What's hot:
 

Status report, month 5

June was another successful month for Breaking Copy. Visits were down slightly compared to May, mainly because the one super-hit post I had in June wasn’t quite as big as the super-hit I had in May. But two good things happened.

First, this month Google promoted the home page of Breaking Copy from a PageRank 0 to a PageRank 5, signifying that Google’s software considers it more authoritative. And second, June was the first month where I passed the threshold for a Google AdSense payout, meaning Google’s going to cut me a check for $100. More on that below. First, some numbers.

Key performance indicators for www.breakingcopy.com from June 1 to 30:

  • Visits: 18,600 (May: 23,246)
  • Google AdSense page views delivered: 24,434 (May: 29,212)
  • Google AdSense page RPM: $2.04 (May: $0.70)
  • Twitter followers: 126 (May: 114)
  • Facebook followers: 120 (May: 91)
  • RSS subscribers: 118 (May: 105)

Traffic sources in June:

  • Google organic: 45.3% (May: 44.6%, April: 37.9%, March: 15.1%)
  • Direct traffic: 20% (May: 16.1%, April: 18.3%, March: 24.5%)
  • Facebook: 14.4% (May: 12.2%, April: 13.7%, March: 18.3%)
  • All other referrals: 20.3% (May: 27.1%, April: 27.1%, March: 42.1%)

Best-performing posts during the month of June:

Learnings and observations:

  • I made 26 posts in June, and there are a total of 161 posts in the archive. Yet for the month of June, half my total pageviews came from just 3 posts.
  • Half of this month’s top 10 stories were carryovers from previous months, which are still going strong. Thanks to Google search engine traffic, some posts can have a longer shelf life.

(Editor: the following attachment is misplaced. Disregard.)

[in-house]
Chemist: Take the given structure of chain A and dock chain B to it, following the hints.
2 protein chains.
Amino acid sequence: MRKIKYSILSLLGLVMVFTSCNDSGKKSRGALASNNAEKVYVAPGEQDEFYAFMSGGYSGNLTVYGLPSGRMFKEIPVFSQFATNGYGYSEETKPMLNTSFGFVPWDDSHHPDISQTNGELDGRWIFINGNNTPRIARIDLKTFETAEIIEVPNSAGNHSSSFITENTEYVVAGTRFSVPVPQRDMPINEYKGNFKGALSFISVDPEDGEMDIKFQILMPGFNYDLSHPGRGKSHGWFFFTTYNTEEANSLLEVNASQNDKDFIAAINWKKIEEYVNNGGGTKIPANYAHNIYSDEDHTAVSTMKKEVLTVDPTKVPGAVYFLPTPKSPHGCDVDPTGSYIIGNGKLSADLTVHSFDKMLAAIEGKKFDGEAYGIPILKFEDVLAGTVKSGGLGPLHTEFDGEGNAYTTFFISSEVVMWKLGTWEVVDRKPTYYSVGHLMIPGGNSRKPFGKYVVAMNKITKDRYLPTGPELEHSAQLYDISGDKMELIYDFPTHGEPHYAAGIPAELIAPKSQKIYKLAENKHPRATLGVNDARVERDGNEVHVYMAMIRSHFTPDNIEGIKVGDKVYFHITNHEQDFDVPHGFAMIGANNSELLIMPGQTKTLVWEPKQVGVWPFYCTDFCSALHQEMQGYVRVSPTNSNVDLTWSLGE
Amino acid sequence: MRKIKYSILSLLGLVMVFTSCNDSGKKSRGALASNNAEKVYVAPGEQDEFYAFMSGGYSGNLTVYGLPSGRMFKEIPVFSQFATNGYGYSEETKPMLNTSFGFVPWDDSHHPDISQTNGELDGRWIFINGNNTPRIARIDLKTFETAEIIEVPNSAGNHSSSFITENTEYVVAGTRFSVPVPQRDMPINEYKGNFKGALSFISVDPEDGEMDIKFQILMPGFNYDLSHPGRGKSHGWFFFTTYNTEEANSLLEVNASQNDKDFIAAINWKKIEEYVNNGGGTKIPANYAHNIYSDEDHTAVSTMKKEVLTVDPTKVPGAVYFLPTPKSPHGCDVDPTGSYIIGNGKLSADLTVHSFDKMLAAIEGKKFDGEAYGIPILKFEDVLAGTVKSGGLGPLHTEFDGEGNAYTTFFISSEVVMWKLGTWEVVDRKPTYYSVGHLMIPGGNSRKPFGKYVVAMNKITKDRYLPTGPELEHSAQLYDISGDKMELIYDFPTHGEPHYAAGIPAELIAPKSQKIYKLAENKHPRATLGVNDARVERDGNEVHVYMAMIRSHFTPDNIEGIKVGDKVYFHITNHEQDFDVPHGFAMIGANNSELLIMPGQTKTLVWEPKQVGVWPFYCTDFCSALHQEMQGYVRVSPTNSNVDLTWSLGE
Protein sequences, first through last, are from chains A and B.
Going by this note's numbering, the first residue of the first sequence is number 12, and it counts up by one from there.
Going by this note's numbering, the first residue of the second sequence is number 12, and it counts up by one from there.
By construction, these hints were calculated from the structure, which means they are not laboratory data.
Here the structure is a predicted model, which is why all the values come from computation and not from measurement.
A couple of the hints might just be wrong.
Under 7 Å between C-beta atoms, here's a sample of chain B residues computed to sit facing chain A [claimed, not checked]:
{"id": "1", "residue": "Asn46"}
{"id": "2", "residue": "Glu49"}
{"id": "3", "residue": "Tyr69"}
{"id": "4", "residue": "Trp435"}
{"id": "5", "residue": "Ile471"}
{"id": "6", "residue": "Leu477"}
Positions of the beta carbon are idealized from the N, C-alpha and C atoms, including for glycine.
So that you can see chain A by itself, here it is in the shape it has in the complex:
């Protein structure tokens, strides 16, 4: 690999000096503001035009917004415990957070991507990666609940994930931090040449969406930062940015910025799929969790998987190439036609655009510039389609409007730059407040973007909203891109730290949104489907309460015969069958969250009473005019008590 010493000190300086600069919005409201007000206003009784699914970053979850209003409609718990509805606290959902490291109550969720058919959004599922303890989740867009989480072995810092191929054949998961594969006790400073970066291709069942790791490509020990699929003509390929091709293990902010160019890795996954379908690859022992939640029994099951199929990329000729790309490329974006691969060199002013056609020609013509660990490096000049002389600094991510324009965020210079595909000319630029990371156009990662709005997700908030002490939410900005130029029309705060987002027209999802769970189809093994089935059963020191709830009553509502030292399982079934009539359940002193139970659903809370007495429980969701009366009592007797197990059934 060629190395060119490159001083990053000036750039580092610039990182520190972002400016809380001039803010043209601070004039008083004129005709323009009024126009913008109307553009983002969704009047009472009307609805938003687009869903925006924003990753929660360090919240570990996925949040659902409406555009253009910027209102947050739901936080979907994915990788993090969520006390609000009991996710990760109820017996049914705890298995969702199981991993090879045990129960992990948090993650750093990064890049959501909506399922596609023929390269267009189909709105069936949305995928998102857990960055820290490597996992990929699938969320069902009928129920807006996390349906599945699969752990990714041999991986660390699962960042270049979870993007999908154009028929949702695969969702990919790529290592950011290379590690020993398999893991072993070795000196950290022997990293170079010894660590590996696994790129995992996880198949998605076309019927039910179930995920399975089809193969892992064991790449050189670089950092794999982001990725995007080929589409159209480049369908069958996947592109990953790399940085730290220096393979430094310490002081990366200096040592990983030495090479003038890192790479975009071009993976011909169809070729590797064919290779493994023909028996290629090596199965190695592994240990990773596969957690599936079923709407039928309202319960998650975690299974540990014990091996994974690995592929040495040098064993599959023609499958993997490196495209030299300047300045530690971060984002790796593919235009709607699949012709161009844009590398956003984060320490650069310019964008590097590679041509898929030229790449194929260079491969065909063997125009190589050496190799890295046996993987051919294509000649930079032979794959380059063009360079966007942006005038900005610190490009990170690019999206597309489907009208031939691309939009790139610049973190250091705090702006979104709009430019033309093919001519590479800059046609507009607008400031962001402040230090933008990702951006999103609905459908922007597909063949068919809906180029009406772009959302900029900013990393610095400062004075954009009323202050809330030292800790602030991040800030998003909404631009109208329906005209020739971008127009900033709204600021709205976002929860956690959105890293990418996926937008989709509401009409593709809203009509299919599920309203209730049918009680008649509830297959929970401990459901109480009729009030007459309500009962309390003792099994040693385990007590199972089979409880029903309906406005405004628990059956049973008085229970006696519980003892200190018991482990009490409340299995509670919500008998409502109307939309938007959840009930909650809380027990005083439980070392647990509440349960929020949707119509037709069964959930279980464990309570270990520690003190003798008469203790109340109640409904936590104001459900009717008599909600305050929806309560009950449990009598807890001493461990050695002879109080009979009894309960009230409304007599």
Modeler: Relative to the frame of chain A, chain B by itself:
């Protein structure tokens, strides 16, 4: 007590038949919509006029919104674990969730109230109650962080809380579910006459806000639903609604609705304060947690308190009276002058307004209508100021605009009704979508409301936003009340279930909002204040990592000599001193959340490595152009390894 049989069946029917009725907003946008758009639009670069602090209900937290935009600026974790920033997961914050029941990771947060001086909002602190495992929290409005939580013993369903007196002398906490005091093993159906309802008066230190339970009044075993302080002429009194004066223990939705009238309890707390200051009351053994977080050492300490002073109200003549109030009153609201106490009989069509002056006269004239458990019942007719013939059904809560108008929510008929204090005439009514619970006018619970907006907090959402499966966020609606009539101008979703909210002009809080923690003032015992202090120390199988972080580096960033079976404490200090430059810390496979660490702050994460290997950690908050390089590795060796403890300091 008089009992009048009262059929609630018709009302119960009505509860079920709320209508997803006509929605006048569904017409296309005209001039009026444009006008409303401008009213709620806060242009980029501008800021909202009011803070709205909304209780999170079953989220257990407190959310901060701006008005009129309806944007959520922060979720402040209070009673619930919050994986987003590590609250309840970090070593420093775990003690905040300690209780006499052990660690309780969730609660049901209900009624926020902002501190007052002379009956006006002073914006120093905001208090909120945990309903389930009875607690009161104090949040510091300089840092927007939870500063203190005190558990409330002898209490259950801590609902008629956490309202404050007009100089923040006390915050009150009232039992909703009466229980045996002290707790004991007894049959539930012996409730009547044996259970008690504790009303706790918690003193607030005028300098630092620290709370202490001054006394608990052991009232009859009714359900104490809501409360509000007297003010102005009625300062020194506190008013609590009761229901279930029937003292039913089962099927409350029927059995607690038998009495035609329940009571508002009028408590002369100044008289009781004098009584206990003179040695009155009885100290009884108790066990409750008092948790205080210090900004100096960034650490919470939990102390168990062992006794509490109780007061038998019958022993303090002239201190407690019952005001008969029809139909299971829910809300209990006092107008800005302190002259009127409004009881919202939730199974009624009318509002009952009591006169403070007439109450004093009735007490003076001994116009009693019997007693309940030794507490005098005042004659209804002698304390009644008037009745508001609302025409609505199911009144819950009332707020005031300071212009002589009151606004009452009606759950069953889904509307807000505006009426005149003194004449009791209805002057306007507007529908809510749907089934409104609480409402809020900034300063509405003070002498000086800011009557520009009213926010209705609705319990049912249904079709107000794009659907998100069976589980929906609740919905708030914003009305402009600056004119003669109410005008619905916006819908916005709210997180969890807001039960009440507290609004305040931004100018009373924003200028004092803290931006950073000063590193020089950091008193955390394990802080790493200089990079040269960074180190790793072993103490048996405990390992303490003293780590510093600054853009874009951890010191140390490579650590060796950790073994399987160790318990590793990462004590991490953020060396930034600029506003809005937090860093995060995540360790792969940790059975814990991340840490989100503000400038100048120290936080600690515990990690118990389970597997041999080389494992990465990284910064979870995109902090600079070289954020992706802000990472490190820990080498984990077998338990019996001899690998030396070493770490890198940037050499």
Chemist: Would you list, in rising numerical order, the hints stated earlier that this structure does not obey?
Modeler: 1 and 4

• On earning my first payout from Google AdSense: A hundred bucks is nice. That’s money earned by people viewing and clicking on the ads I run on the site. The more people who visit, and the higher-quality the advertising, the more I make. So far so good. However, consider the amount of work I put into this blog. It’s about an hour every weekday morning. Do the math over 26 weeks, and the revenue works out to 77 cents an hour. If I wanted to hire a second or third writer, there is no way I could afford to pay them based only on advertising revenue. There are a lot of other factors involved here, most notably the this blog is a hobby I’m willing to do for free. But I think a lot about the economics of blogging. For a blog of this size to possibly be profitable, one of 3 conditions must be true. 1) The blog must have revenue streams other than advertising. 2) The blog owner must treat the blog as a hobby or marketing investment (ie., be willing to operate it at a loss). 3) Someone has to be willing to work for cheap or free.

— By Daryl Lang. Filed under Social Media, Technology

Facebook Conversations